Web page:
Fashion Week: Barbour International


Posh graffiti 

For the first time in its history, Barbour International – the younger, more rugged brother of doubled-barrelled-pheasant-and-hunt-ball Barbour – showcased its wares at London Fashion Week amongst the splendour of the Royal Institute of British Architects. It started off surreally, with a hold up resulting in the fashion elite loitering awkwardly next to a protest against the Chinese government, but once inside with a glass of sparkling elderflower in hand poses were pulled, bloggers blogged, and normality resumed. John Barbour originally founded the company in 1894, with his grandson Duncan Barbour then diversifying following the 1936 production of the Barbour International, a one-piece wax cotton motorcycle suit worn by almost every British motorcycle team until 1977. The presentation drew heavily on this sense of heritage, showing archive photographs of Steve McQueen riding bikes and stuffed to the brim with union jacks. Unambitious, but quite nice, the clothes themselves seemed to be sidelined, with the highlight being a dog wearing a jacket. Quite a good metaphor for fashion week in general that. Shop the collection at Selfridges now.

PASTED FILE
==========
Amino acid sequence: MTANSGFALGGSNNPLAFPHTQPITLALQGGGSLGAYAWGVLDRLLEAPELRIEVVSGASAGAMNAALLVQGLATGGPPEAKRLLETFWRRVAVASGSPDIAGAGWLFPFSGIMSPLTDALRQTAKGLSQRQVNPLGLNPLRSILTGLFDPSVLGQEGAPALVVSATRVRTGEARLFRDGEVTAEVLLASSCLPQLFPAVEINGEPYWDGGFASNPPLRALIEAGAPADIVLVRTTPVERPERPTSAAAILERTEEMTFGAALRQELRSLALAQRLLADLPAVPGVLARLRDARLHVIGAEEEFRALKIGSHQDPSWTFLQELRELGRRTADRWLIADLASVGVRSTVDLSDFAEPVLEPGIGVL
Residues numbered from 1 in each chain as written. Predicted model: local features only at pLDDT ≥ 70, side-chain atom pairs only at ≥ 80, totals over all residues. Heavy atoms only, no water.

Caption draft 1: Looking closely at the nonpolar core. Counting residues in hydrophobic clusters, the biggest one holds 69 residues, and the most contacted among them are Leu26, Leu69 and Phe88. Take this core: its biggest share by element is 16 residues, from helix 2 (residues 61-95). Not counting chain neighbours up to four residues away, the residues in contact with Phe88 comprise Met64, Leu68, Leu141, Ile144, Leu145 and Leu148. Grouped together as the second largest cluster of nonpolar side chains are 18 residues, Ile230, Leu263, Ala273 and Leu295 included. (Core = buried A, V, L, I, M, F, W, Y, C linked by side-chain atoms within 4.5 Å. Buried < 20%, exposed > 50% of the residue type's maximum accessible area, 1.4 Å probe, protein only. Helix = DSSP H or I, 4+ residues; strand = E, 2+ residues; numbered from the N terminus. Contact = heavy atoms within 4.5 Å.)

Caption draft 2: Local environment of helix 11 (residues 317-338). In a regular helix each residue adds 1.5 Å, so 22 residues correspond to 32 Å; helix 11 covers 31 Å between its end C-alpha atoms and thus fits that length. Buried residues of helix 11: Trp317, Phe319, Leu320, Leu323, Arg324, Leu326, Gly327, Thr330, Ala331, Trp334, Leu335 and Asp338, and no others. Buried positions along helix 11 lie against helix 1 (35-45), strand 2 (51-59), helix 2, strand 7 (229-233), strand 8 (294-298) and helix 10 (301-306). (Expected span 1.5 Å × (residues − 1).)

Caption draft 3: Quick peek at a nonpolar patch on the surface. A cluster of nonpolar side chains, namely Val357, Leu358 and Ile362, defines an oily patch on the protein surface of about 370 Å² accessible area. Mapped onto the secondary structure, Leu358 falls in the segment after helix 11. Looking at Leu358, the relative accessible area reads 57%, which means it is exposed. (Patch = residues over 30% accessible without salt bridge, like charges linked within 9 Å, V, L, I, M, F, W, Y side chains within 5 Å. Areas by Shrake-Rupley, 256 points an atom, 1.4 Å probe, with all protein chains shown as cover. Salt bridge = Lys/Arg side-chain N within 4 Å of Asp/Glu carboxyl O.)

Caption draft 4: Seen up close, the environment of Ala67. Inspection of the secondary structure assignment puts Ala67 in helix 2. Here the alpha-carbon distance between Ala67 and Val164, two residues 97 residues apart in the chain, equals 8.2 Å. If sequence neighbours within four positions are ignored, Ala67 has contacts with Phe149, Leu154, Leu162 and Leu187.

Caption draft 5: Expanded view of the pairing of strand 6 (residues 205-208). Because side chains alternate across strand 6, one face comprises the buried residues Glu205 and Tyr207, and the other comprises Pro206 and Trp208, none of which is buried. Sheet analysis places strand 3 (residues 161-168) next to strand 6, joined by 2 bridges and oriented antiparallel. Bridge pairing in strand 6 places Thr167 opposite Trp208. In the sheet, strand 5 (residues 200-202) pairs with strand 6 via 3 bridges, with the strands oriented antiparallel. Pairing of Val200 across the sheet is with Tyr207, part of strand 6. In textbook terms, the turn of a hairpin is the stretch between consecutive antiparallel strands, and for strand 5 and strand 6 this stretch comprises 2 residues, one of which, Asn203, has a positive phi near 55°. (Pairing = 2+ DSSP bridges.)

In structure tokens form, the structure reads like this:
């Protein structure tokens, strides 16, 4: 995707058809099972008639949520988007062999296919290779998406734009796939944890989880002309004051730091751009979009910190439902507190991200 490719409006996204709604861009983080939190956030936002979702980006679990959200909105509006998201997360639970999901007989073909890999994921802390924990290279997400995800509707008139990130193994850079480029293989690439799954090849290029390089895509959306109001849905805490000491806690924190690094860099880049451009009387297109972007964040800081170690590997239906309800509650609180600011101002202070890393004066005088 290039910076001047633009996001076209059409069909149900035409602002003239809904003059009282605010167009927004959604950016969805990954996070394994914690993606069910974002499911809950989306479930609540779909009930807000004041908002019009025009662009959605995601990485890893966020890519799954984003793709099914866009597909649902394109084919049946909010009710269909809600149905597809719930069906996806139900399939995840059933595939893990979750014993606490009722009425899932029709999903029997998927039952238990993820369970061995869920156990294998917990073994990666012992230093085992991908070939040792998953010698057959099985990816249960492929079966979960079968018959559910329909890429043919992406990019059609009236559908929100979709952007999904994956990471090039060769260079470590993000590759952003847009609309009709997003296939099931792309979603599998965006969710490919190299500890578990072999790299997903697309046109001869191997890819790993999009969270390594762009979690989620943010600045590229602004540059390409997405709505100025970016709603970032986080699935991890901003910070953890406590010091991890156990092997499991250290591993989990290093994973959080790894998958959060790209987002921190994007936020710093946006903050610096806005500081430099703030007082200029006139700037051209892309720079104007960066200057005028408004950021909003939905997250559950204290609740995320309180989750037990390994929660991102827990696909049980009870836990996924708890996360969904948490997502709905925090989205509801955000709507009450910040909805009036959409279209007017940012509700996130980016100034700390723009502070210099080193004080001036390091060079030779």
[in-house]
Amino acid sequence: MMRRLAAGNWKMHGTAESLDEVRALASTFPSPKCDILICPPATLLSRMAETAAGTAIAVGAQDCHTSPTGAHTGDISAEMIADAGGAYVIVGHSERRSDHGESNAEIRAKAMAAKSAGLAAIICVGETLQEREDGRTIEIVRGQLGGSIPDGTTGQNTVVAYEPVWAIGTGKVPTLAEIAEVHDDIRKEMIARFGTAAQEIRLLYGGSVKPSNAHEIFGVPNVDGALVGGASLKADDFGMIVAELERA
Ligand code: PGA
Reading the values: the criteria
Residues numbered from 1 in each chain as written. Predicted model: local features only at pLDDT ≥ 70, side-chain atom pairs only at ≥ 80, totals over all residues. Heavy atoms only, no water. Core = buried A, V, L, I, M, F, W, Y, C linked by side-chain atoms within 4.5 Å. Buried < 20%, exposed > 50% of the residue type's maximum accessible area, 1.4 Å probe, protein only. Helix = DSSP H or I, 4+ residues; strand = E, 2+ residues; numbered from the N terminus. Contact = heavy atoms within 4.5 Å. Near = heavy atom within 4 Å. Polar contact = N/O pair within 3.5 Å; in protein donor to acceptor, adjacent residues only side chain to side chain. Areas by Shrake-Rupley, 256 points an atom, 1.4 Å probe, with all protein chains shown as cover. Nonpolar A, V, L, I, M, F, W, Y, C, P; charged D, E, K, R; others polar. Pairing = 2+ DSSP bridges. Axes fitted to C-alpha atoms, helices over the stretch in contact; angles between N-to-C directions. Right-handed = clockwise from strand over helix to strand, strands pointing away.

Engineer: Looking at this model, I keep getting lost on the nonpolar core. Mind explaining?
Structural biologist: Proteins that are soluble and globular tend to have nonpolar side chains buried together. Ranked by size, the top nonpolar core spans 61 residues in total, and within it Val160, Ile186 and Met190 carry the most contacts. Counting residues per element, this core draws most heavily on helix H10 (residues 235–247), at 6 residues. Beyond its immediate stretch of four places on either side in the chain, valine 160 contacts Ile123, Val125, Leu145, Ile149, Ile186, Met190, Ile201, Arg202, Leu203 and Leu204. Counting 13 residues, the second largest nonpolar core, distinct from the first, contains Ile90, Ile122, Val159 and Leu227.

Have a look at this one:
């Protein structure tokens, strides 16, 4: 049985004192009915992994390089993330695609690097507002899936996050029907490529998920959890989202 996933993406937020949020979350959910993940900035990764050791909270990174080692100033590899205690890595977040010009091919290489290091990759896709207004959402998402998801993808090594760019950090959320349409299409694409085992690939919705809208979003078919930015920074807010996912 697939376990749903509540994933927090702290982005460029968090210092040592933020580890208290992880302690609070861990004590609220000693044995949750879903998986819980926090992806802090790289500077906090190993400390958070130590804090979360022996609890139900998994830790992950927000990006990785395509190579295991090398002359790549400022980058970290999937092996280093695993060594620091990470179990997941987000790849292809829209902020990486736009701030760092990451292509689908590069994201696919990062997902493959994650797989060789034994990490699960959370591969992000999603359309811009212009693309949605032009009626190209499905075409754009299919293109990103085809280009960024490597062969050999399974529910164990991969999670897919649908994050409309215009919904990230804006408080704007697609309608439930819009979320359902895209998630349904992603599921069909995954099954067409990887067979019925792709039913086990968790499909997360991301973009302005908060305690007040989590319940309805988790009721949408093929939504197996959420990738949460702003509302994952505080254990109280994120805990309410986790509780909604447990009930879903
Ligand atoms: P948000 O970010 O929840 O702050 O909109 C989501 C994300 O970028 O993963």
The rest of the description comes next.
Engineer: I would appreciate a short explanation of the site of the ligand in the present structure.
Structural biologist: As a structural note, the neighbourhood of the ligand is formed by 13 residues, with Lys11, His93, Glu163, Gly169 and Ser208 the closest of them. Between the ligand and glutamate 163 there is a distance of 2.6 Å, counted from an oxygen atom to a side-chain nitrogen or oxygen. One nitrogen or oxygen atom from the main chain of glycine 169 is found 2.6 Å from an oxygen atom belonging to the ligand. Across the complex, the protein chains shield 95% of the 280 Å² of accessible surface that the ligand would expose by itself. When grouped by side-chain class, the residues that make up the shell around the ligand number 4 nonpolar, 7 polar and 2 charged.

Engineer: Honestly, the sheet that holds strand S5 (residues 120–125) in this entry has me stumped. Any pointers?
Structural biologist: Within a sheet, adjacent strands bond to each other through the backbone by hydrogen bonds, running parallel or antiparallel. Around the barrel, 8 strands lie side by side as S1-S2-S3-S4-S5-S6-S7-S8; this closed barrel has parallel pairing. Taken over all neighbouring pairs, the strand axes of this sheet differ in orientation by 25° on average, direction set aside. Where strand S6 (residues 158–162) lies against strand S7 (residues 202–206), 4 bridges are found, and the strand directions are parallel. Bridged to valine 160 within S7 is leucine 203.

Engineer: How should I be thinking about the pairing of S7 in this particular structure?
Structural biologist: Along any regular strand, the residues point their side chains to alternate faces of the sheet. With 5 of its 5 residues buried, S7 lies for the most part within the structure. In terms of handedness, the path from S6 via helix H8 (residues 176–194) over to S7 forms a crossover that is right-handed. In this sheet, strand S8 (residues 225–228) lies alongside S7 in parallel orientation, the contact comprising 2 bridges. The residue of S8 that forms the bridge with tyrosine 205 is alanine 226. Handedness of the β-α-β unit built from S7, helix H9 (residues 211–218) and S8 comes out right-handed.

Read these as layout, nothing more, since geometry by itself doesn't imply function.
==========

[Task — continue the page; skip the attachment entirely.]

Words by: Mac

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